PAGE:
The Olive Oil Brand Alton Brown Swears By

Those that are beginning to think more thoughtfully about where the products and ingredients they buy are coming from, might also be learning how to choose the best quality of products. Olive oil is a great starting place for many, however, there's not too many things to look for on a label. And if you use olive oil for dishes like salads and dips where it is front and center, you'll likely notice the step up in flavor and the oil's aromatics.

While you might already know to look for cold pressed olive oil, it's also important to buy olive oil that is extra virgin and that is not light (via Bon Appétit). That means the olive oil has not been as processed or refined, which can take away some of the best qualities of olive oil — its taste and smell. It's also best to buy olive oil that comes from a single origin. So, if the label says it's made in Italy and has the Italian initials, IT, on the back of the bottle, it's a better pick. Finally, don't buy olive oil that comes in translucent glass. Air and oxygen are the enemy of olive oil because it makes it spoil faster, so look for opaque containers. Fortunately, Alton Brown's favorite olive oil follows all of these rules.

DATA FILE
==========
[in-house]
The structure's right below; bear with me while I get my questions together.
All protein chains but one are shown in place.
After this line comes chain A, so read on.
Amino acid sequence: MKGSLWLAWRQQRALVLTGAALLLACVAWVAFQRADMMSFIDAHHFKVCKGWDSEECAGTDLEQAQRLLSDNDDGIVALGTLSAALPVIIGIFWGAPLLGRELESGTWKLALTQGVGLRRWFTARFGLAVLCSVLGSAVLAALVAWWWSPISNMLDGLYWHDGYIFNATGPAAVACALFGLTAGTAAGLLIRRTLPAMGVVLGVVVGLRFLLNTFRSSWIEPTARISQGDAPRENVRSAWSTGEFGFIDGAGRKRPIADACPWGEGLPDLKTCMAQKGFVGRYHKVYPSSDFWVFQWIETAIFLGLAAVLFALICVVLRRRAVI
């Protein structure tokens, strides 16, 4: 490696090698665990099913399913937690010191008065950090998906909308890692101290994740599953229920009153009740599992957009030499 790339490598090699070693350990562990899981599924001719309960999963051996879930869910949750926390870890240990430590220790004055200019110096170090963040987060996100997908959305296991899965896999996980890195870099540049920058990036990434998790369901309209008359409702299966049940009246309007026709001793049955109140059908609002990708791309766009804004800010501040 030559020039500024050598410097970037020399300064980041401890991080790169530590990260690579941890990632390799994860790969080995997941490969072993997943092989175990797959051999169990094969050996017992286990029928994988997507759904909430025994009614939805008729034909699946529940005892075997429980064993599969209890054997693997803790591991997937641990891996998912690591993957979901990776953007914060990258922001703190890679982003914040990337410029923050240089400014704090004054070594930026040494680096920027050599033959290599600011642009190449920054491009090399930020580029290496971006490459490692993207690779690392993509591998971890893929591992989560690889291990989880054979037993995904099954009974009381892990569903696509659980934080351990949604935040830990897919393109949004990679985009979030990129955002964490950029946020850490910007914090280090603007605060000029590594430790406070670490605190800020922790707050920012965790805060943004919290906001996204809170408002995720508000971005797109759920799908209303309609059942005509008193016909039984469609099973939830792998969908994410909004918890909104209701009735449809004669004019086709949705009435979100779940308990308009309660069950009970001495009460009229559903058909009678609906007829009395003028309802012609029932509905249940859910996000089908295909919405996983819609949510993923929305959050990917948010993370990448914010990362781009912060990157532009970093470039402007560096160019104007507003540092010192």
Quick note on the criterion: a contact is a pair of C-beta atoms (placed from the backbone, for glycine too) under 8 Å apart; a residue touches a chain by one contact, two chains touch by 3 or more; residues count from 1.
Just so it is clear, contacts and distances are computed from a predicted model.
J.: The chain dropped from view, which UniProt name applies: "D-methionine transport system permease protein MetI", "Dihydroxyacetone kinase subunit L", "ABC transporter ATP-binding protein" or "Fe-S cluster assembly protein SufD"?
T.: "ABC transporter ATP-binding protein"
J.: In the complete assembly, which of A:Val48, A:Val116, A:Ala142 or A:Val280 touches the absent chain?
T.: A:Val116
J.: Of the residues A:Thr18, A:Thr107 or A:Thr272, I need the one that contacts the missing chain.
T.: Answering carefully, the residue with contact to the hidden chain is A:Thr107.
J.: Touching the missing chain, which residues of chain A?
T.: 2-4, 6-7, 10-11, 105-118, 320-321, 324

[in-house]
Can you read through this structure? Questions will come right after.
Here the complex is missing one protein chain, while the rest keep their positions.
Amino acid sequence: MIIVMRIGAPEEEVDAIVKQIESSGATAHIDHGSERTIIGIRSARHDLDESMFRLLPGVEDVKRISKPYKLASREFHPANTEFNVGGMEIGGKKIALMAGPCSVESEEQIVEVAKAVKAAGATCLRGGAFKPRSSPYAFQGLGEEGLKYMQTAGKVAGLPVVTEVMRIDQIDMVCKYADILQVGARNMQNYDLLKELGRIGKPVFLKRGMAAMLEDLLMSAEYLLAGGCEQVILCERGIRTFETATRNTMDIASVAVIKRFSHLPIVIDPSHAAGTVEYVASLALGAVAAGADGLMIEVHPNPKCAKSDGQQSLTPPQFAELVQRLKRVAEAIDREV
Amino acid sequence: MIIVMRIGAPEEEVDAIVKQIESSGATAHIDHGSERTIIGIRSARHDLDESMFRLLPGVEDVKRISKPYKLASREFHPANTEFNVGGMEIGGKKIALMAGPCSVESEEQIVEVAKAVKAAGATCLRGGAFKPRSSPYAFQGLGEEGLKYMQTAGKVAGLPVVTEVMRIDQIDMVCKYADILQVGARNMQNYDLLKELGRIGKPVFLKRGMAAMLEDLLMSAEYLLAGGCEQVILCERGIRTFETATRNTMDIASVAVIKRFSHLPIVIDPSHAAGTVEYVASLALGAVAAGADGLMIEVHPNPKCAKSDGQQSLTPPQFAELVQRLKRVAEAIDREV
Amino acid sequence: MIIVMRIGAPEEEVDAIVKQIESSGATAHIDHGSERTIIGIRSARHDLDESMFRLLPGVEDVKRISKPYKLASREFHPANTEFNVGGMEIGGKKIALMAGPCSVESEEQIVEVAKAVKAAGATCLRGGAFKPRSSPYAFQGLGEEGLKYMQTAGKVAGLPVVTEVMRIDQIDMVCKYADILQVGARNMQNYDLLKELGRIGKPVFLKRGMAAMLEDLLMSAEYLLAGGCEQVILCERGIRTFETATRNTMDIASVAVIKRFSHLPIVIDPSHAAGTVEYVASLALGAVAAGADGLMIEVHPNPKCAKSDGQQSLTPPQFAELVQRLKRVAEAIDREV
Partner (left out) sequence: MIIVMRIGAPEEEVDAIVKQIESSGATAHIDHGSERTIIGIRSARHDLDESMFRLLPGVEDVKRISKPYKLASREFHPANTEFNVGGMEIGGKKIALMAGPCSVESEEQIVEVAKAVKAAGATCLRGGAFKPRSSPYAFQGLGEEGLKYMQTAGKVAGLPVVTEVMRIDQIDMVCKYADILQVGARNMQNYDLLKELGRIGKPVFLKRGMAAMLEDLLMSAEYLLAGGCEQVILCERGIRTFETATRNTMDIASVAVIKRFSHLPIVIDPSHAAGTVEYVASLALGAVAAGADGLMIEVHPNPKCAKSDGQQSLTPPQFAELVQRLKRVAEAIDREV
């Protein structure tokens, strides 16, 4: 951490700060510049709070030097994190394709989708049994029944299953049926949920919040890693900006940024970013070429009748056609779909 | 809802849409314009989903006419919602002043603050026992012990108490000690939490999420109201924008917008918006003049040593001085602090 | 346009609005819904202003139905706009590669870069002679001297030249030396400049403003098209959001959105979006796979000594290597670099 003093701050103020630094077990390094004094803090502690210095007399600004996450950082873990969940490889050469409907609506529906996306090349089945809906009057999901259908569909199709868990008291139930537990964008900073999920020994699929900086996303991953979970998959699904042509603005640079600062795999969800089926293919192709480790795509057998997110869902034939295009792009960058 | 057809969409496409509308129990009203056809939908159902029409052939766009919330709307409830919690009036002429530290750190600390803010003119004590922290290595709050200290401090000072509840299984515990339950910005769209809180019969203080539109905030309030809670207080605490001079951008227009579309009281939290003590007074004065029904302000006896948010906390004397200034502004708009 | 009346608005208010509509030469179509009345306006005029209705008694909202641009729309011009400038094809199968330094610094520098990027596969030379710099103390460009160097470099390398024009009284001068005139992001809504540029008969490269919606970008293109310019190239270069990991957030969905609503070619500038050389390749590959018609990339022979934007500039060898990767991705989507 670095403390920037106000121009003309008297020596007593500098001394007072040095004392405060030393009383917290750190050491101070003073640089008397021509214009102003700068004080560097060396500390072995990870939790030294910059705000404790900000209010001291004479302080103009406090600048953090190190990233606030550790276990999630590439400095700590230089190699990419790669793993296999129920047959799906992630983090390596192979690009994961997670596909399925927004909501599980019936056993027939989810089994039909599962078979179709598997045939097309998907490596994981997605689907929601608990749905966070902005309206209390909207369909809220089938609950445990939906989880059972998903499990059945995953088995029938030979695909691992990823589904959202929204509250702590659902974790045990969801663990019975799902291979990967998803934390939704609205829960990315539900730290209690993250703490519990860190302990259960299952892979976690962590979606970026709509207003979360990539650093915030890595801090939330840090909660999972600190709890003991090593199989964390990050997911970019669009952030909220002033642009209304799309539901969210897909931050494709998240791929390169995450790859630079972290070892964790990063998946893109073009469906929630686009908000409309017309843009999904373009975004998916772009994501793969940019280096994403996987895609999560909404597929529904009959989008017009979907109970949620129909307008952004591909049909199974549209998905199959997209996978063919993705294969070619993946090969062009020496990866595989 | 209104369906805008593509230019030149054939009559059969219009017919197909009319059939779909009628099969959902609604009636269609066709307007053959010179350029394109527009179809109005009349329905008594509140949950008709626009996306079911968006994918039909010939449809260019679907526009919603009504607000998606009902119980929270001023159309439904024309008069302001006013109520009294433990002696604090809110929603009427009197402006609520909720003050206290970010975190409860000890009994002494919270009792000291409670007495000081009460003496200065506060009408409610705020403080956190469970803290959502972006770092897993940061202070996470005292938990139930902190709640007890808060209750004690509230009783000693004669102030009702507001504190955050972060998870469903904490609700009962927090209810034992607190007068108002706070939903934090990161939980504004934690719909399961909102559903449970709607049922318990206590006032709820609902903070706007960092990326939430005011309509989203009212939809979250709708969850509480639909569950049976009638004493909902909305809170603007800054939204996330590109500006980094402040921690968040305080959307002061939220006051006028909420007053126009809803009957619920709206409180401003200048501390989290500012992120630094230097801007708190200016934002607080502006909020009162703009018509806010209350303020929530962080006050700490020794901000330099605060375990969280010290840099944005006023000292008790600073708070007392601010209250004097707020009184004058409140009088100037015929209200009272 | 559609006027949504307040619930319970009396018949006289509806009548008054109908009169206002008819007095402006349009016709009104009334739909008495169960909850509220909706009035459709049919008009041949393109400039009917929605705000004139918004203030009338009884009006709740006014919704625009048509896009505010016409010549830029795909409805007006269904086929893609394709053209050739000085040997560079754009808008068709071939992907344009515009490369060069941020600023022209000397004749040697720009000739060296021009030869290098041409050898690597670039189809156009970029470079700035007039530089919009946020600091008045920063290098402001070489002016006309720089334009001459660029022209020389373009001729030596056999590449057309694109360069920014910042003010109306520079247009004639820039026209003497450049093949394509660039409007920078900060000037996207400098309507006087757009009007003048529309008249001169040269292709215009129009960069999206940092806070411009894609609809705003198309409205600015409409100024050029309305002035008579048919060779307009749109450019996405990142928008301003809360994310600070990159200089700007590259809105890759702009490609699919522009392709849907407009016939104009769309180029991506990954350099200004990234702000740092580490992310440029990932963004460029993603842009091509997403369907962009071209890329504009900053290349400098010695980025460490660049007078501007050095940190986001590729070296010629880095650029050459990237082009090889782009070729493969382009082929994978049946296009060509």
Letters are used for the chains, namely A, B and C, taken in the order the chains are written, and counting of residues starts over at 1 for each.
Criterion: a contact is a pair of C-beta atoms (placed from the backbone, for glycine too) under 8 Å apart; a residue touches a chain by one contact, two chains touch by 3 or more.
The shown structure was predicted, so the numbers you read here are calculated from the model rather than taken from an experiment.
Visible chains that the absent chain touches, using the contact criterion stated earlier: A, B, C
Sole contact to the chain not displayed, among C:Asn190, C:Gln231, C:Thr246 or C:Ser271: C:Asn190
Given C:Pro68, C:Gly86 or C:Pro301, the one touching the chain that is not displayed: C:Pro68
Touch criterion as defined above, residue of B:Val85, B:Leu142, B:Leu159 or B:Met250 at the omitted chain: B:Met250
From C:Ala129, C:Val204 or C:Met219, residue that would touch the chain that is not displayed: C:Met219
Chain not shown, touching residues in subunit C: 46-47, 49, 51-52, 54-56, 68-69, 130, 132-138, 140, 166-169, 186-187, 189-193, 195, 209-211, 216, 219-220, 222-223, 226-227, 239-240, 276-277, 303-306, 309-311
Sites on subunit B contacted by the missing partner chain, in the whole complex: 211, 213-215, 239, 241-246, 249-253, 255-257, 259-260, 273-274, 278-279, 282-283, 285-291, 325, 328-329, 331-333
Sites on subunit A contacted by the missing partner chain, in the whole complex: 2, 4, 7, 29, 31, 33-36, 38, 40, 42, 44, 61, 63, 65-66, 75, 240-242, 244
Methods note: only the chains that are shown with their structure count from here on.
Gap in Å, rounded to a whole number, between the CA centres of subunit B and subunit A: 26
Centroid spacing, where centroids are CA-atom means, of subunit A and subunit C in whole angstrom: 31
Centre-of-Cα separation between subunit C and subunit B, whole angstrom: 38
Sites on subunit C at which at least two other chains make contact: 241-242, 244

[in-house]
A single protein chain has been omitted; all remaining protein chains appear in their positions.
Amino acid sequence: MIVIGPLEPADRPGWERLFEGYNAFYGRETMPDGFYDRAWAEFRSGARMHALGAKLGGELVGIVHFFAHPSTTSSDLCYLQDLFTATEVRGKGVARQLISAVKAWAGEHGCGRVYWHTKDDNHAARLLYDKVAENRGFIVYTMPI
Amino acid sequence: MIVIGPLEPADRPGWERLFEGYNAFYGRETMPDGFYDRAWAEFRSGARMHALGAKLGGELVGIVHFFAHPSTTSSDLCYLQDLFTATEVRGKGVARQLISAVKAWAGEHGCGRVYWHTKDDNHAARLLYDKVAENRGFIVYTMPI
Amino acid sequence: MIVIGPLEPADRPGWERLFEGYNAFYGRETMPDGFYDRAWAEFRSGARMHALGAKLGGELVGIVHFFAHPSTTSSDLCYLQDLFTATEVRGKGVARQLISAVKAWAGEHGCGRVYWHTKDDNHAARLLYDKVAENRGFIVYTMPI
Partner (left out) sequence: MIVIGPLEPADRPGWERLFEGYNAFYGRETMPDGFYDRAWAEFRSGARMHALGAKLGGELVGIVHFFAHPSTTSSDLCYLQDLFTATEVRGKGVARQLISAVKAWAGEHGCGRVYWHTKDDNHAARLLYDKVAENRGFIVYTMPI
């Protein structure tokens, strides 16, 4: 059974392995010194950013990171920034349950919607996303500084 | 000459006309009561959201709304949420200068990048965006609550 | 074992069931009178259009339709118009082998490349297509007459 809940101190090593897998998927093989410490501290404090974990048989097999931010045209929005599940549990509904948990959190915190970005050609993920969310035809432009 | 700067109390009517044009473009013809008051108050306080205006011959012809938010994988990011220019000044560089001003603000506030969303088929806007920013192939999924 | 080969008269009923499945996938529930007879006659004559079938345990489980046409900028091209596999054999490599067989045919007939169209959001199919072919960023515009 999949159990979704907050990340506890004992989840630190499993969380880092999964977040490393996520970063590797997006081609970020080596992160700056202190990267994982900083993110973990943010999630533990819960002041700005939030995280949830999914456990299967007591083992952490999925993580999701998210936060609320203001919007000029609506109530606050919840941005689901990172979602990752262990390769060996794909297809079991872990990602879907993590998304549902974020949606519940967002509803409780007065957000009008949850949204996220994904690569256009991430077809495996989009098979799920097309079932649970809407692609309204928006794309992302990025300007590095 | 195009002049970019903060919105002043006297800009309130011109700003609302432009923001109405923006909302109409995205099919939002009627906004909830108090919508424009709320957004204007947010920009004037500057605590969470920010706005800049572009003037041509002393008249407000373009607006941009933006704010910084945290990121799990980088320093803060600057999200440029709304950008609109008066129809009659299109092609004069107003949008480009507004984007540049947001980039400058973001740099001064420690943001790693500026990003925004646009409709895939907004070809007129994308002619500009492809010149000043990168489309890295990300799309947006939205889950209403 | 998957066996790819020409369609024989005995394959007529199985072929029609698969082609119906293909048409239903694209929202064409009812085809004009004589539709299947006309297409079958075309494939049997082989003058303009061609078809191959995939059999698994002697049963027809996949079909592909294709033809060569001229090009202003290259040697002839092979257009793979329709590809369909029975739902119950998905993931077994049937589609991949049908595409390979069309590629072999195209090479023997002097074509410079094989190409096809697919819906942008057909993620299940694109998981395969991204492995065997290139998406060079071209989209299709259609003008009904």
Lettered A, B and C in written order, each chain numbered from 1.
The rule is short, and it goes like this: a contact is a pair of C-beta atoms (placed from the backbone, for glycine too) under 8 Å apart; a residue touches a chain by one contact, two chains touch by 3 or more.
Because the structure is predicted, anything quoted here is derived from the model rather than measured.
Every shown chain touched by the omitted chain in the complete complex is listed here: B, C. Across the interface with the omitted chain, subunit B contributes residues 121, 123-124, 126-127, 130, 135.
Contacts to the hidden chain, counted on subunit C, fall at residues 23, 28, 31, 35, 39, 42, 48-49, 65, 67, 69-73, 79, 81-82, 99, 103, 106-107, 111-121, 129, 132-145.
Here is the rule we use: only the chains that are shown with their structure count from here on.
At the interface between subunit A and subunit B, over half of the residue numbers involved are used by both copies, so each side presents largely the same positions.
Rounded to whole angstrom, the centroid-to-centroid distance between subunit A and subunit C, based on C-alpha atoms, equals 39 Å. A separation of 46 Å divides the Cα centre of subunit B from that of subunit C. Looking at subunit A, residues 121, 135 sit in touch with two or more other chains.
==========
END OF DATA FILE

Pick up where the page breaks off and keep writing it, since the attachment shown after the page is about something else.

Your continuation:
Georgia Olive Farms really knows their product

According to Food Network, Brown loves olive oil made in his home state, Georgia. He said, "I'm crazy about Georgia Olive Farms olive oil because it's green, bright, fruity and from my home state." Of course he's not wrong. The brand claims, "the first olives harvested east of the Mississippi since the 1800s," so if you don't trust Brown for some unknown reason, a single-origin farm with a history like that must know a thing or two about olive oil (via Georgia Olive Farms). Truthfully, they've been making olive oil for 10 years now, and they use several varietals from around the world. 

The brand also has a loyal following of celebrity chefs apart from Brown too. Sean Brock, the chef behind McCrady's and Husk, who was featured on Netflix's Chef's Table, sources his olive oil from the company too (via Tasting Table). Hot-shot fans aside, the olive oil does fit the right things to look for when buying olive oil. The bottle is dark and opaque, the first cold-pressed oil comes from a single place, and isn't refined. So, try it for yourself. You just might find it's a high quality product made in the U.S. worth ordering.